It wasn’t always that way. When God created Earth, He made a special place for Adam and Eve. This paradise of creation was in perfect harmony. Imagine bees without stings, roses without thorns, and life without death. But sin broke that. Adam and Eve brought death into the world through their sin and have passed that to us. The ramifications of that act still reverberate to this day.
The good news is that it will not always be that way! God will restore the brokenness in human existence and all of creation. Paul spoke of this in Romans chapter 8.
“22 For we know that the whole creation has been groaning together in the pains of childbirth until now. 23 And not only the creation, but we ourselves, who have the firstfruits of the Spirit, groan inwardly as we wait eagerly for adoption as sons, the redemption of our bodies. 24 For in this hope we were saved. Now hope that is seen is not hope. For who hopes for what he sees?” Romans 8:22-24
Last Sunday, we celebrated our Savior’s resurrection. Jesus died to pay the penalty for our sins and rose again as the down payment of the future restoration of creation and eternal life to all who are in Him. We have hope for the future. We live to make things better now, and know that ultimately He will restore creation to its former glory.
For now we enjoy the rose and avoid the thorn and sneeze our way through the beauty of spring, but remember, the restoration is coming! Don’t lose hope.
Have you ever heard the phrase, “The darkest hour is just before dawn.”? The disciples felt that they were in the darkest hours imaginable in the hours before dawn on the first day of the week after Jesus was crucified. They had just gone through the worst of all weeks. That had gone from the high of the triumphant entry on Palm Sunday, to the kangaroo court which condemned Him and the cruelty of the cross all in one week. They had rushed His burial in the moments before Sabbath had begun. To the world, it looked like it was over. Jesus was dead. Now that the Sabbath had ended and the only thing left was for the disciples to finish the job of properly burying Jesus as they wondered what would happen to them.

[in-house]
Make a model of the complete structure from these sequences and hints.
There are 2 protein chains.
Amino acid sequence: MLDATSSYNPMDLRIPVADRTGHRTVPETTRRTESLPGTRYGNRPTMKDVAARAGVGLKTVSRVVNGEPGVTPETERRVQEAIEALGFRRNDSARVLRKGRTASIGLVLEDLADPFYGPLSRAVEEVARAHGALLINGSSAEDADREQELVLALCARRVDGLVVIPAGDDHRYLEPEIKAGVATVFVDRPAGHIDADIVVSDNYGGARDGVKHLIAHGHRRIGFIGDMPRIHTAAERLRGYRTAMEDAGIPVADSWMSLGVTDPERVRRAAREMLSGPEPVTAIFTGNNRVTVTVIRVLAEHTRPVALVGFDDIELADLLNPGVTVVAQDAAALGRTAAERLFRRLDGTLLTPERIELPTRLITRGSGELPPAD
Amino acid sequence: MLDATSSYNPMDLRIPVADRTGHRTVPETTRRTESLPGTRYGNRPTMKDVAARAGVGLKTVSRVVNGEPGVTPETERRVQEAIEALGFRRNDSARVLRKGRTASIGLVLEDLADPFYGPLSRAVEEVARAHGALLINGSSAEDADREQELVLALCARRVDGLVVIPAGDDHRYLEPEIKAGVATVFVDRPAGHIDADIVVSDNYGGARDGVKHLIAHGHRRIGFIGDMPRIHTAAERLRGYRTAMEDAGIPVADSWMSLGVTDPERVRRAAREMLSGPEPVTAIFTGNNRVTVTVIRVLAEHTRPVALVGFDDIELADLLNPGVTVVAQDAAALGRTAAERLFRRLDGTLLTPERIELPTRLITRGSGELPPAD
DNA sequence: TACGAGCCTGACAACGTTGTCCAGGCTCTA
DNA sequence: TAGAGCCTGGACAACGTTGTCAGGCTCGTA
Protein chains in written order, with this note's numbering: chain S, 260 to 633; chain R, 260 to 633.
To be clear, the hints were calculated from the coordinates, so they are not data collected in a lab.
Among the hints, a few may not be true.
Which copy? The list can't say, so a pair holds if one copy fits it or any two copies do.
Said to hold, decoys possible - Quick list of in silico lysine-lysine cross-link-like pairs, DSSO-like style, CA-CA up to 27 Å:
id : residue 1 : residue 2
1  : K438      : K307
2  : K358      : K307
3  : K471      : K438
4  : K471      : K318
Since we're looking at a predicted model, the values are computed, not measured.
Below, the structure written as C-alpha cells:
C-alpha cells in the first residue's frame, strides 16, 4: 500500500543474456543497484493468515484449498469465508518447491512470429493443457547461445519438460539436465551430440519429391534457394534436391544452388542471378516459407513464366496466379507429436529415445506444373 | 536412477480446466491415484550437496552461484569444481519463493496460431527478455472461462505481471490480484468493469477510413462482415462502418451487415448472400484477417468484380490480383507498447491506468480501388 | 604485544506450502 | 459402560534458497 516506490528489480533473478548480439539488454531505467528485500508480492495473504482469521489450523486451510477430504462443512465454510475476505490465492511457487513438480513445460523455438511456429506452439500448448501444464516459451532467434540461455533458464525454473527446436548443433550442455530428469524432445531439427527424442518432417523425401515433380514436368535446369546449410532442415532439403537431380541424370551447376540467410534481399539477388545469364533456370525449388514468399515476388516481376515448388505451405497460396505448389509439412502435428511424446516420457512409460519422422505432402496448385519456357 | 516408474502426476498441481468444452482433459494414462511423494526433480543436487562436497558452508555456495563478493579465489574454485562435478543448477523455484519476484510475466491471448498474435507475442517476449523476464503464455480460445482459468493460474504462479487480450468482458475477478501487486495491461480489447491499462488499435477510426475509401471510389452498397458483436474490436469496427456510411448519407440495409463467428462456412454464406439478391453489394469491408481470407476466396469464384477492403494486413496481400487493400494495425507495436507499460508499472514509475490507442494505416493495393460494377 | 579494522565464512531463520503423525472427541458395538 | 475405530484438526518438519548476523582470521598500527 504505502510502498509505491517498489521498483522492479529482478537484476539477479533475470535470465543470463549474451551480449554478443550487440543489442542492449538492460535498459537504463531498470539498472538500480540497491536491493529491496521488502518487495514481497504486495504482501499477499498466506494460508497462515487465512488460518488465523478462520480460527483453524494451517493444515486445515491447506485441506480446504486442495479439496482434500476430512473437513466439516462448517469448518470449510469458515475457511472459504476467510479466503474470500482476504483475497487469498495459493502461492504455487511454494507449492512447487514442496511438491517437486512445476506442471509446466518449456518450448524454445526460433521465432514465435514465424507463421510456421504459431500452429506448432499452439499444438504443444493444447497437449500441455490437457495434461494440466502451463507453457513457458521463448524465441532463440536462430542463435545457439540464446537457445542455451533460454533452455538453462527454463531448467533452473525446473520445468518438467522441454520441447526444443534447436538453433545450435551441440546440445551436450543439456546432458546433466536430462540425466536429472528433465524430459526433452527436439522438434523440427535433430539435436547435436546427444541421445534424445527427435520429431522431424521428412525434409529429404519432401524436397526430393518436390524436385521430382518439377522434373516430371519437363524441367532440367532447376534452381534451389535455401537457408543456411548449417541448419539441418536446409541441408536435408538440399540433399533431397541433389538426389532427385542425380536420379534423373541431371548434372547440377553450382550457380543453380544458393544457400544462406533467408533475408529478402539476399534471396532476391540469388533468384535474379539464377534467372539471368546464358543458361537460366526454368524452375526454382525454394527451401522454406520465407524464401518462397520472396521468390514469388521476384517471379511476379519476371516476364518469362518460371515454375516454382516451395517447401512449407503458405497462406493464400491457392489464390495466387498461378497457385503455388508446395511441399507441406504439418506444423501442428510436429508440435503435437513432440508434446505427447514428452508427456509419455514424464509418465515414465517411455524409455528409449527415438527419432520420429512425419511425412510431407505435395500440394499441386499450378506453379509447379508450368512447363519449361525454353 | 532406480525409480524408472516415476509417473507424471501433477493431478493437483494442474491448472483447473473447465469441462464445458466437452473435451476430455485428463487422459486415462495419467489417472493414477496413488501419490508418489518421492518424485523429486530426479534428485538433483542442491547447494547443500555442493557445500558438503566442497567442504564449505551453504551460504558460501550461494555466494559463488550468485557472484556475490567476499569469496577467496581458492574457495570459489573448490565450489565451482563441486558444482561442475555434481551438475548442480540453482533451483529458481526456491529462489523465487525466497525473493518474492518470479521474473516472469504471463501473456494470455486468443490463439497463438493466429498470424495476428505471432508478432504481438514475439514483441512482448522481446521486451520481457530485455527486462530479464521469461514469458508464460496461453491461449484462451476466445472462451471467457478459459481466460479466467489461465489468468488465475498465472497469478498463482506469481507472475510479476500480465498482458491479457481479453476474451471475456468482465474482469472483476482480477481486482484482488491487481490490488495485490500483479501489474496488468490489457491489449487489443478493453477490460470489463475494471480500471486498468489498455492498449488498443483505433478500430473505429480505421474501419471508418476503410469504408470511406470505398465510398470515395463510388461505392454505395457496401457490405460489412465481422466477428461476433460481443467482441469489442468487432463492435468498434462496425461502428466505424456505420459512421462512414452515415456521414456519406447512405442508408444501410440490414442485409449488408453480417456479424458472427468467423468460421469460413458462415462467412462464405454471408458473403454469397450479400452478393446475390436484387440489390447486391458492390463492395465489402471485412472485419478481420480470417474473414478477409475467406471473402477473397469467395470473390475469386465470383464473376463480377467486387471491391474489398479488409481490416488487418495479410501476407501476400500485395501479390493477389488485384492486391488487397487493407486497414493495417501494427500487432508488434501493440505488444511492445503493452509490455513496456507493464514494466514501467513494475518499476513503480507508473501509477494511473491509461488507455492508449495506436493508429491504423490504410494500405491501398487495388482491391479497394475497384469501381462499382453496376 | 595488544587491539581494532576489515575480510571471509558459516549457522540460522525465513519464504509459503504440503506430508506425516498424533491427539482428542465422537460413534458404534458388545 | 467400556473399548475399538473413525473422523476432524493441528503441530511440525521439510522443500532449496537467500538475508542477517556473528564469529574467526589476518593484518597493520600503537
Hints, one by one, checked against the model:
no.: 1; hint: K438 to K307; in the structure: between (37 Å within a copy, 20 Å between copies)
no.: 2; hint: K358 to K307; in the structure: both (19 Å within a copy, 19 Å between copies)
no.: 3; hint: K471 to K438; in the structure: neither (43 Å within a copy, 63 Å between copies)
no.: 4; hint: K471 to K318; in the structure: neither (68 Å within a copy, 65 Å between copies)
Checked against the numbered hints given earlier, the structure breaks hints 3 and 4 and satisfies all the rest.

Then came the morning. A group of devout women dared to return to the tomb with spices to finish the burial rituals with Jesus. Let’s pick up the account in Luke 24:2-7.
“And they found the stone rolled away from the tomb, but when they went in they did not find the body of the Lord Jesus. While they were perplexed about this, behold, two men stood by them in dazzling apparel. And as they were frightened and bowed their faces to the ground, the men said to them, ‘Why do you seek the living among the dead? He is not here, but has risen. Remember how he told you, while he was still in Galilee, that the Son of Man must be delivered into the hands of sinful men and be crucified and on the third day rise.’” ESV
He is not here, but has risen! Those words change it all. Because He rose, He still lives and actively keeps all His promises. He saves all who call upon Him in repentance, He is preparing a home for God’s children, and He will come and take us home.
Today is Easter. Celebrate our risen Lord!
How do you walk? Sounds like a silly question doesn’t it? If you have ever had an injury or illness which hindered your ability to walk it isn’t so simple. When I had Guillain-Barre Syndrome, I was unable to even turn over in bed. Walking was out of the question. As I began to improve, I was very unsteady and had to think about something I had taken for granted. Each step had to be contemplated and taken with a conscience effort. I praise the Lord that I made a full recovery, but recently, as I read Ephesians, I came across the following instructions God gives us through Paul.